That precipitated the move to the brick plaza at the southeast corner of Esther Short Park. The summer festival, which consumes more space and features things like live music, is held in the main park. But the city apparently doesn't allow events of any kind on the park grass until May. So the Spring fest wound up occupying a tight space.

I visited in the early afternoon. It wasn't particularly busy for the first hour. But things were getting a little cramped by the time I made my exit a couple of hours later. Even then, getting a beer was no problem. There were no deep lines such as you see at many Portland events, just wads of people in groups mucking up the paths to the beers.

This event is billed as a showcase of local beers, meads and ciders, and most of what they were pouring was local. But a fair number of beers were from outside the local area...Bend, Ashland, Seattle, Enterprise. That's mostly just an observation. Knowledgeable craft beer fans want to drink local beer. There was plenty of that here, as well as some stuff that wasn't quite as local.

Without a wing person to share tastes with, I didn't come close to sampling the entire beer list. Good thing, obviously. I did seek out hazy IPAs and my favorite from those I tasted was Heathen's 50 Shades Hazier, bursting with hops aroma and flavor. Grab a pint if you see this one. No glitter beers in sight, thankfully.

The same old rule apparently applies when it comes to enticing Portland fans outside the city for beer. They don't come. I would normally see a lot of industry-connected friends at an event like this one. I ran into one such person. This was a Vancouver/Clark County crowd, which organizers likely expected, even if they hoped a few brave souls would cross the Columbia. Not happening.

Honestly, it's great to see craft beer continuing to spread its wings on the other side of the Columbia. Well-attended events like this one are a nice example of that. Craft's trajectory may have seemed inevitable here, but there have been quite a few stops and starts over the years.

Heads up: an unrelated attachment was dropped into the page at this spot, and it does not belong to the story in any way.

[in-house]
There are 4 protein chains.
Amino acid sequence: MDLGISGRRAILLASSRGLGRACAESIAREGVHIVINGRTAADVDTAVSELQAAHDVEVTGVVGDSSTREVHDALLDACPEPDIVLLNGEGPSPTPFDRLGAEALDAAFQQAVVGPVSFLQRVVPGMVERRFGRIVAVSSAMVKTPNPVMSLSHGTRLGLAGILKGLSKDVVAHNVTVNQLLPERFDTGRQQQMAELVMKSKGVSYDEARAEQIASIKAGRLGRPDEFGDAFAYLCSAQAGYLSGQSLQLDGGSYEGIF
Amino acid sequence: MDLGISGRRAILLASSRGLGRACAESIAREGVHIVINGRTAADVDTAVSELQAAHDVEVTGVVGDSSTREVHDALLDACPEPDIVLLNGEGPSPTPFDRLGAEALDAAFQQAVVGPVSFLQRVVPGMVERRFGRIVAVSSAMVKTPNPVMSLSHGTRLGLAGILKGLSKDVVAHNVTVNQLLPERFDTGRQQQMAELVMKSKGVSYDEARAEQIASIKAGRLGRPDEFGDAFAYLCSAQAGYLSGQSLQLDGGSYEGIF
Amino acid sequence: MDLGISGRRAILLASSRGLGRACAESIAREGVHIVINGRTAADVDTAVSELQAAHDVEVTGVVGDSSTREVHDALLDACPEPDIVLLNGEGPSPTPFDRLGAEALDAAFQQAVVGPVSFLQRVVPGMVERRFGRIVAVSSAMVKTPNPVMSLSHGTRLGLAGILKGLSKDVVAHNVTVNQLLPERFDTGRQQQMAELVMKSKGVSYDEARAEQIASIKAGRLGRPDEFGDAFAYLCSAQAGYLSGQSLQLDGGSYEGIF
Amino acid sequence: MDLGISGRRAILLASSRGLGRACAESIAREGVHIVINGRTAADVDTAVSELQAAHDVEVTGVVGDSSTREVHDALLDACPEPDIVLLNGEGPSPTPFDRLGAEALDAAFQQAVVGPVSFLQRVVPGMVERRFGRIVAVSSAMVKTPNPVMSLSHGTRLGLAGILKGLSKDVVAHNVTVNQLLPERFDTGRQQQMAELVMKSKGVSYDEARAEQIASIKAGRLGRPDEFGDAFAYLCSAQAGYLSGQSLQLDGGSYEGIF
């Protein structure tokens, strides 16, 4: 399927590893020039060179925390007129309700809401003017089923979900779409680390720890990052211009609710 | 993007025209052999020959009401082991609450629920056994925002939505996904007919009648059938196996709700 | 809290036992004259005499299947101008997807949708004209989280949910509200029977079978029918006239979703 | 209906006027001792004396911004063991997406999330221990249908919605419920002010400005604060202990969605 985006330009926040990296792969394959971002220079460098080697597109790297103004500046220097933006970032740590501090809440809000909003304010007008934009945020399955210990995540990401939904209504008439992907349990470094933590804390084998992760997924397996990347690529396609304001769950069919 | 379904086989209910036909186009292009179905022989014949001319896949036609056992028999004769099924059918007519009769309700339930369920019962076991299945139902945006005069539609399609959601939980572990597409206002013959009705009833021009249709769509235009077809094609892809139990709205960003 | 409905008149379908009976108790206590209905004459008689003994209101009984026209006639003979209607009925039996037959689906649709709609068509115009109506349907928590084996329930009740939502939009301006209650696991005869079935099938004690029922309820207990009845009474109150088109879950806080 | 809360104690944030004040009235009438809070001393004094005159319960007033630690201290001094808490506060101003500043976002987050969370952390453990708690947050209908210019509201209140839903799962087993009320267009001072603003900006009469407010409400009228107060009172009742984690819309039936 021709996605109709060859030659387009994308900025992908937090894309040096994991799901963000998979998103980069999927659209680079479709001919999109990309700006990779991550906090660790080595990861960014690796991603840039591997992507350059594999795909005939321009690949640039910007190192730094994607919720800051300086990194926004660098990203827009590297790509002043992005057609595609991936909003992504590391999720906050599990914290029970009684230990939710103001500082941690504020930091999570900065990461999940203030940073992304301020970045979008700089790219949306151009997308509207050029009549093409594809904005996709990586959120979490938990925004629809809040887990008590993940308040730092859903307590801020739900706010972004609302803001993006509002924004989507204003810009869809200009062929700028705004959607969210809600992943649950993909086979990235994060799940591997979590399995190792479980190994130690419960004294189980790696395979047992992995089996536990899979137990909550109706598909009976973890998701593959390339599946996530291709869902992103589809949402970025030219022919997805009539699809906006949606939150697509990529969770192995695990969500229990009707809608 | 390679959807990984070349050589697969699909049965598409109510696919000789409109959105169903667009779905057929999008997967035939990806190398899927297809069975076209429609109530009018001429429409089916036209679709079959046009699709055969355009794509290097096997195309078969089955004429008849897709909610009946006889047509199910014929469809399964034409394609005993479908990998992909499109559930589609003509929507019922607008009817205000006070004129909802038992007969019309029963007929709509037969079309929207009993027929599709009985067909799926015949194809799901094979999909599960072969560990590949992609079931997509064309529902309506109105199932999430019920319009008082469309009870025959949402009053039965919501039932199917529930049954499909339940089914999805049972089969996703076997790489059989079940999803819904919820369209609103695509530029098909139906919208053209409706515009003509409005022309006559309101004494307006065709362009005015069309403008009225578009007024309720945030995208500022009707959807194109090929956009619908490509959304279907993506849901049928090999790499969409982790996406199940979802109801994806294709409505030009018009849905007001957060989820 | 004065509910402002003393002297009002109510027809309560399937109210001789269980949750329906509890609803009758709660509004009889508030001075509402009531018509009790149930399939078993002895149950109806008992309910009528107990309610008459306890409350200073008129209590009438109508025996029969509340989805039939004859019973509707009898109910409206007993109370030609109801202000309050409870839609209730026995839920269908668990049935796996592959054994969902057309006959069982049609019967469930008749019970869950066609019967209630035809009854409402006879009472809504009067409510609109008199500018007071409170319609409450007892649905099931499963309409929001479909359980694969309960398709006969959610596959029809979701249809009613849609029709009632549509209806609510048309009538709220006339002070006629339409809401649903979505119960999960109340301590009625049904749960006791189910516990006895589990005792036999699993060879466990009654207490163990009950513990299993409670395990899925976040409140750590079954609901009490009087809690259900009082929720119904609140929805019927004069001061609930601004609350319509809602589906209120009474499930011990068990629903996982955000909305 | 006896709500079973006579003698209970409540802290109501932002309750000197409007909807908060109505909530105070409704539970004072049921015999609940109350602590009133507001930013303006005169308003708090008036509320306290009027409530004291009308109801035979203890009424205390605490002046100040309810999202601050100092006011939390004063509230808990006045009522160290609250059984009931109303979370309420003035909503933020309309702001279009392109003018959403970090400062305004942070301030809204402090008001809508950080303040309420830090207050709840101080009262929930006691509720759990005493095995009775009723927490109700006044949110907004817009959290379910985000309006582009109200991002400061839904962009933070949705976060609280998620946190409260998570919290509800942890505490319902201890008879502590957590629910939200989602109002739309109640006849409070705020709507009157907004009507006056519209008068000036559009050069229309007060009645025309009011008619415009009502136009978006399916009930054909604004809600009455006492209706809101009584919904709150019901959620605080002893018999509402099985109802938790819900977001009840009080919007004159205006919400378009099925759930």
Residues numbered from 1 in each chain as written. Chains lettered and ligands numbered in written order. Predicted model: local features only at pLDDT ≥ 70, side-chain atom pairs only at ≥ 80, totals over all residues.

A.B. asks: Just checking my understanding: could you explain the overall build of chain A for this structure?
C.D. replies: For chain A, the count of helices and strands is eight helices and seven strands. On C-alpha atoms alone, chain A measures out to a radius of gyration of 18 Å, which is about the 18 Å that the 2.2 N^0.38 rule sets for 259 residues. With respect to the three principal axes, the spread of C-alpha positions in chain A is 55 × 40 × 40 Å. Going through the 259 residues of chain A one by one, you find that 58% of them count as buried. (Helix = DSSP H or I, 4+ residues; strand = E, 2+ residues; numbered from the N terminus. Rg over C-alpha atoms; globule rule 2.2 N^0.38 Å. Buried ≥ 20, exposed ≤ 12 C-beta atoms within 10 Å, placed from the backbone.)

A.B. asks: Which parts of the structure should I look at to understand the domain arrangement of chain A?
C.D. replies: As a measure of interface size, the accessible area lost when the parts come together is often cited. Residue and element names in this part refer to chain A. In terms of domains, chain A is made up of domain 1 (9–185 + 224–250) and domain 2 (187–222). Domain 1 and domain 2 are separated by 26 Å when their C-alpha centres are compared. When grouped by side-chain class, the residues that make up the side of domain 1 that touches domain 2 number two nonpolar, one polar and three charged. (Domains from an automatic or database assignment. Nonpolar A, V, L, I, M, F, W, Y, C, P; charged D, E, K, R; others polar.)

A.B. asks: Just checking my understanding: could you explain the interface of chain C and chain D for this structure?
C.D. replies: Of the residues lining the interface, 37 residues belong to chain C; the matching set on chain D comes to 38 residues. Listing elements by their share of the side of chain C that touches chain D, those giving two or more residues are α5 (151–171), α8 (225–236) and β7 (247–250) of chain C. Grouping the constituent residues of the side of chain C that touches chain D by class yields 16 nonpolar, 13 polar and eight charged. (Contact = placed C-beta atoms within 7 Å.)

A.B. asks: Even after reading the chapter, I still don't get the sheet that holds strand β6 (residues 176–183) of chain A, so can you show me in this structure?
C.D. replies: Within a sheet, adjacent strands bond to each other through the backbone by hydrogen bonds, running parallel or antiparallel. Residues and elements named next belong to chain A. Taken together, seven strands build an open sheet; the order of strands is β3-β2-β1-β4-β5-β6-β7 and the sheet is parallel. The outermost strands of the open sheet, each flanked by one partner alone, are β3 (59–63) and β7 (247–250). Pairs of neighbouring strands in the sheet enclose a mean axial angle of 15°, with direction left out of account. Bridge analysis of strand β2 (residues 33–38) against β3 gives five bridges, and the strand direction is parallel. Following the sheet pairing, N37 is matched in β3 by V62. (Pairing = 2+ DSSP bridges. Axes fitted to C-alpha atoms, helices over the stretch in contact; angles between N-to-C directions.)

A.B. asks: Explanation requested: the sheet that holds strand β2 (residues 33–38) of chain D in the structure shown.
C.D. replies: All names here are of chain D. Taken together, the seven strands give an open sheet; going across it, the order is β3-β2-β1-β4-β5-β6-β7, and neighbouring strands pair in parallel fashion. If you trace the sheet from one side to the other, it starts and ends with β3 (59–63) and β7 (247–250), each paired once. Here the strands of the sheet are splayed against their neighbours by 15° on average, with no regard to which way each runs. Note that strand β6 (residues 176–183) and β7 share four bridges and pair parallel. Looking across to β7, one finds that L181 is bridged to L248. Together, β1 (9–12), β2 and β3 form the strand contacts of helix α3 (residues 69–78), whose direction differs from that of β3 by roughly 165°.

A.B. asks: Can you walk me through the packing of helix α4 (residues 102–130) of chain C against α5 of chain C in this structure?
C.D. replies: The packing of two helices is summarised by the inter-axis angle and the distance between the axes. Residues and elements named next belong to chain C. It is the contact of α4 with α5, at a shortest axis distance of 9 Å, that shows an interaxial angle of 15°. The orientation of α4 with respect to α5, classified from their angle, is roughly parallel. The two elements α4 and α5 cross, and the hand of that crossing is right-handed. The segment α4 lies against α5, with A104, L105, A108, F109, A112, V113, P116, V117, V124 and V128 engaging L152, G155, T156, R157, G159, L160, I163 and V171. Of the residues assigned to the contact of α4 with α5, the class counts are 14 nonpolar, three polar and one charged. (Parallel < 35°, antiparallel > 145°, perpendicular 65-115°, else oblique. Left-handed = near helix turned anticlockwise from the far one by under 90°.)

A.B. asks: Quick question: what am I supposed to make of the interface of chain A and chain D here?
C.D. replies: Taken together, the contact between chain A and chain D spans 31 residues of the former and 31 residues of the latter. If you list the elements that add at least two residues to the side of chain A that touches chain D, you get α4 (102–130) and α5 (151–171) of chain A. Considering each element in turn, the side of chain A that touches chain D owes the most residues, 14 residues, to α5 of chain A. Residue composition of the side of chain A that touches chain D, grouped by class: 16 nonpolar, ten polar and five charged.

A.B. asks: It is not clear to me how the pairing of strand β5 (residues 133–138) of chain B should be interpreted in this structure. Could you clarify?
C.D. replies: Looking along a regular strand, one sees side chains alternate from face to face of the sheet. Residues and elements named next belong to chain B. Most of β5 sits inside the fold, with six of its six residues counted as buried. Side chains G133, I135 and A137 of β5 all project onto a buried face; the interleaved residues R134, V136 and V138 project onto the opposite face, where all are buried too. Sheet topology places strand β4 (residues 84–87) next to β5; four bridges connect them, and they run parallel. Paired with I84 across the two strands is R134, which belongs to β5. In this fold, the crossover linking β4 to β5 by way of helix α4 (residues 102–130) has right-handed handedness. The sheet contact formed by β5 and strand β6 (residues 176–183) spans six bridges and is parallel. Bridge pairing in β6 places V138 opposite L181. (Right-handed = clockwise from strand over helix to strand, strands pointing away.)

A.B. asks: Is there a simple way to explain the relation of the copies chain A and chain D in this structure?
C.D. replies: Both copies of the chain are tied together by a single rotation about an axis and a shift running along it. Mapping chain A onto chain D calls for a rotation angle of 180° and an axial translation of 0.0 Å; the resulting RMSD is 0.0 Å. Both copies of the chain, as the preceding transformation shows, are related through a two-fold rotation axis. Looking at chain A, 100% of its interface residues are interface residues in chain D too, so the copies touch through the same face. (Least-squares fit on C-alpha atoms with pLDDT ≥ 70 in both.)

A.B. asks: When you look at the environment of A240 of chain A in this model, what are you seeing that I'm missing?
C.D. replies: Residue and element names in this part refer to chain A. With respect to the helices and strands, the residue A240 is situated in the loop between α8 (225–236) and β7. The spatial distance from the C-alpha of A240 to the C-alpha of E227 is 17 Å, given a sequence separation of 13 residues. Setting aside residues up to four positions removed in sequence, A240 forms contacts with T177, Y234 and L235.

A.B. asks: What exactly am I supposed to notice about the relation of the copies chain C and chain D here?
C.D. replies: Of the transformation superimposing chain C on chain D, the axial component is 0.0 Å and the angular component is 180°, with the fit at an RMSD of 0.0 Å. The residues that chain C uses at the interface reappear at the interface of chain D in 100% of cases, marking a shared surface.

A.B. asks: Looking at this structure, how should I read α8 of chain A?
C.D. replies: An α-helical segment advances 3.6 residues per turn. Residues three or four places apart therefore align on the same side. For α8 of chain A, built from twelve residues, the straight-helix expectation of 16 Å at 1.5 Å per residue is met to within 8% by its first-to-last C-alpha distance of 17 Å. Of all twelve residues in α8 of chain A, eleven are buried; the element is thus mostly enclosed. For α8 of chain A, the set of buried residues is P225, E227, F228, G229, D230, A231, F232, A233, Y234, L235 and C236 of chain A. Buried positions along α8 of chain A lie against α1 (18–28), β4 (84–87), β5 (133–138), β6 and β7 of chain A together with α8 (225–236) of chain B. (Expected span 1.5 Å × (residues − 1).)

It appears Vancouver and Clark County is in a solid groove now. Beer quality is improving, breweries and taprooms are opening. The area is no longer starved for good beer. Stars aligning.



Wednesday, April 11, 2018

Social Media and the Demise of Print

Last week's announcement that the Celebrator Beer News will cease print production was a shot across the bow of traditional beer publications everywhere. It was also a reminder that social media is the heir apparent of print and digital in the beer world. Not necessarily a good thing.

The Celebrator, founded in 1988, helped push the craft beer movement along in its formative years. As others have noted, you had to search for beer-related stories and information for many years. That changed with the explosion of the industry within the last 10-15 years.

That growth spurt spawned another one: There are currently hundreds, if not thousands, of print and digital outlets dedicated to covering the craft beer scene. I'm obviously including the numerous blogs, like this one, that cover beer in a variety of ways.

There's certainly redundancy in a lot of this coverage. You read about a brewery or beer or brewer in one place and soon see a similar story somewhere else. As long as there was an audience hungry for information and anxious to read it, redundancy probably wasn't such a bad thing.

Of course, we all know print is in death throes. Newspapers and magazines are having a terrible time. The ones that have a good digital platform still have readers, but the ad revenue model of print has never transferred very well to the digital format. It's a financial calamity, actually.

The larger problem for print and digital outlets is that a lot of people don't read anymore. Blame technology, blame laziness. Whatever. The reality is that people prefer their information in small chunks. We're dreadfully uninformed as a result, but we don't seem to mind. Drink up!

The Celebrator, which may or may not survive in digital-only form, isn't the only beer-centric publication on thin ice. Beer Advocate, a magazine I've written for in the past, announced a while back that it was moving from monthly (10 issues a year, I think) to quarterly publication. I'm sure there are others we aren't yet aware of.